The festival was then moved to Cairo, where the participants talked about what a hellhole Gaza turned out to be under Hamas (after the perfunctory Israel-bashing):
The closing ceremony of the fifth Palestine Festival of Literature (aka Palfest) was overshadowed by politics as writers who returned from a trip to the Gaza Strip gave their testimony on the situation there and described Hamas’s “repressive rule.”
Most of the writers who visited Gaza had one opinion with respect to cultural activities in Gaza: “deplorable.” They say the aim appears to be to erase the Palestinian character and culture, which gave the world thinkers and poets like Mahmoud Darwish and Edward Said.
Professor of English Literature Sahar El-Mougy said that there’s a deplorable condition of cultural hunger. There aren’t even cinemas, libraries, or shops that sell books on the arts, philosophy or literature. The only available books are those on Islamic Sharia (Islamic jurisprudence) and Fiqh (thinking).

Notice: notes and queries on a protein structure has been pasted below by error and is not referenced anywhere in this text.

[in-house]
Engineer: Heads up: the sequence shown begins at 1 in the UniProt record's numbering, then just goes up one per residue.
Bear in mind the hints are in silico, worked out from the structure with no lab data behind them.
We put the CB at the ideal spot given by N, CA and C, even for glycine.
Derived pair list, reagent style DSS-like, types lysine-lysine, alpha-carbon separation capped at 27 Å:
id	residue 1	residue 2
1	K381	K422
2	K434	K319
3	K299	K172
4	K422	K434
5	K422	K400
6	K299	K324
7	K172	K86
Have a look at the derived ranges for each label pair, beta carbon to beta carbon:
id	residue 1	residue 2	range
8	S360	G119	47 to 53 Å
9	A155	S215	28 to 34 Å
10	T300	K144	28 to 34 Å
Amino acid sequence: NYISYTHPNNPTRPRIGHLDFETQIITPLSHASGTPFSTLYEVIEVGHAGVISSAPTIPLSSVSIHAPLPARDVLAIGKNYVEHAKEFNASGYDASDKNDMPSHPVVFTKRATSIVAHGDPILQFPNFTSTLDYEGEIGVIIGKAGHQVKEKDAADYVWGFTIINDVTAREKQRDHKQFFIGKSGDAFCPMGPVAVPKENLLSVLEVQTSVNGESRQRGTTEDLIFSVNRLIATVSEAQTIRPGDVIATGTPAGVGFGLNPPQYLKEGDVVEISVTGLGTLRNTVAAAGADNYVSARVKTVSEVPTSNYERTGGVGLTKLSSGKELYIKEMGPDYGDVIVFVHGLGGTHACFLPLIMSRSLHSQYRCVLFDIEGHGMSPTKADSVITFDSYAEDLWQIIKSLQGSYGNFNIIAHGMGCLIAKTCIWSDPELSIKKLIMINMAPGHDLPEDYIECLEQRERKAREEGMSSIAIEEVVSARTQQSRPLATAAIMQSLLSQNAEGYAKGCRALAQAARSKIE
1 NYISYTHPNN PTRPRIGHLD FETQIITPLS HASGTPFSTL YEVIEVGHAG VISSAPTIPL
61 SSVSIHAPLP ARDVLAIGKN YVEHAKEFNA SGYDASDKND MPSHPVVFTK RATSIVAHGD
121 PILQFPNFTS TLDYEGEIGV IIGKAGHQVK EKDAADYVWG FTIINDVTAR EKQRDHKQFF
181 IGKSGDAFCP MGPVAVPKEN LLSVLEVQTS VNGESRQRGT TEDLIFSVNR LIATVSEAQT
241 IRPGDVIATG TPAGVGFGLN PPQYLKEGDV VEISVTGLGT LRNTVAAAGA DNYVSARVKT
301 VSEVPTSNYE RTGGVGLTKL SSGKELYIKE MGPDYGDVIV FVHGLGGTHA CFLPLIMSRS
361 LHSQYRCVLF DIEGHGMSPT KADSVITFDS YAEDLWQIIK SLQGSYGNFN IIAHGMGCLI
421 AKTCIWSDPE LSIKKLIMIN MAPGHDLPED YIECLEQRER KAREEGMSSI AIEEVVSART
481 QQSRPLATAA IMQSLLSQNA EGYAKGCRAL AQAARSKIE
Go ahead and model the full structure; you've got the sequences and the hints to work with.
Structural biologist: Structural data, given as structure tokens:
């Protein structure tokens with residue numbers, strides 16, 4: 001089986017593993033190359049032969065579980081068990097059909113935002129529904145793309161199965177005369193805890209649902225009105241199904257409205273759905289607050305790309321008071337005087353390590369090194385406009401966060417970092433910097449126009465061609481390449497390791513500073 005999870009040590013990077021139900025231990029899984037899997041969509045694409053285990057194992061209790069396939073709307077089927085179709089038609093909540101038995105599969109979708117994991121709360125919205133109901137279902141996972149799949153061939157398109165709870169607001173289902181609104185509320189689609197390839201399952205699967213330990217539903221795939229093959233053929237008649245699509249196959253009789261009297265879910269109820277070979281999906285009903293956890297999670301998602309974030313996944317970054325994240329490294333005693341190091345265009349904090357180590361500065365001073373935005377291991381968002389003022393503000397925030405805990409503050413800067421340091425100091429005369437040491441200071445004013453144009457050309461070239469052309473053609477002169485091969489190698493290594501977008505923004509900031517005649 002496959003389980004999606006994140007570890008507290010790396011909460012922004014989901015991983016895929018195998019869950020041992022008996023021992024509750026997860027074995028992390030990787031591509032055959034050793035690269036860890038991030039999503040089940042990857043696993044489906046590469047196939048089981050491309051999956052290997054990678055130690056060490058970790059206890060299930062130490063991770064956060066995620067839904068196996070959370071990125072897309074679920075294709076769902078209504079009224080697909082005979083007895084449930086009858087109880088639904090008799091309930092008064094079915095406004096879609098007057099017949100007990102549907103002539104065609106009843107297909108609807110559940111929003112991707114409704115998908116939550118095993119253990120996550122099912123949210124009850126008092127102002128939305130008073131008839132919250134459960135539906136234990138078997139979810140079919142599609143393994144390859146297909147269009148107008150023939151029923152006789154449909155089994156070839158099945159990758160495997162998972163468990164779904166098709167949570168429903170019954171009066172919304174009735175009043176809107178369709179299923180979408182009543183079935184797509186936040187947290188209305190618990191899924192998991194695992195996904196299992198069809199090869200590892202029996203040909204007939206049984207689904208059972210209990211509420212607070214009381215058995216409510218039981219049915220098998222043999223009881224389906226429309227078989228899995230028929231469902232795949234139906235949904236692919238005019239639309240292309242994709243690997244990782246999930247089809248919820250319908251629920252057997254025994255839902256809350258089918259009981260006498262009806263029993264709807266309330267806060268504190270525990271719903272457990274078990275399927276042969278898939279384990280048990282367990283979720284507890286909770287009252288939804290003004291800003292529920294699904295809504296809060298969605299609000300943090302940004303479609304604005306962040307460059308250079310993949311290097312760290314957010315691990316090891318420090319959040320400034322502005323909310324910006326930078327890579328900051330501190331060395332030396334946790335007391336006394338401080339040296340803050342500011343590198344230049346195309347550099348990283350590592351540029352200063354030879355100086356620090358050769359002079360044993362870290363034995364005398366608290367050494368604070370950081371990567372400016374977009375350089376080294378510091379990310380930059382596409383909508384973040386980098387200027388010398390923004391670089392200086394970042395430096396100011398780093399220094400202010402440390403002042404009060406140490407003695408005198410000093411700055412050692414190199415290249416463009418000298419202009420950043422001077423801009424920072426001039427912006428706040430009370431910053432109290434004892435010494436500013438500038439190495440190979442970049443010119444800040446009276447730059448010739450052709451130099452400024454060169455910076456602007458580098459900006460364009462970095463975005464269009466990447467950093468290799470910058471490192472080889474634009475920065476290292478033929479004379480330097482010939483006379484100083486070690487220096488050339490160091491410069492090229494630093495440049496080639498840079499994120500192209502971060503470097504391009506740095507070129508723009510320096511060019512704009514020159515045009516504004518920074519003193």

“There’s a conspiracy against the Palestinian character, to destroy its beauty. Hamas is erasing Palestinian culture, replacing it with an extremist version of Islam. They don’t even allow men and women to be in the same place!” El-Mougy objected.
“But through all this, and despite the security and intelligence, who we saw everywhere in Gaza, students we met have the spirit of resistance — not against Israel this time, but against the repressive practices of Hamas.”
“When we started writing workshops with young girls in schools, they first wrote about resistance against Israel,” said El-Mougy. “But when we showed them that writing could also express your inner feelings, the results were magnificent. Girls started to realise that writing is also about the self.”
El-Mougy says that Hamas, the resistance movement against occupation, became itself a movement of repression. “Hamas stands between Palestinians and life.”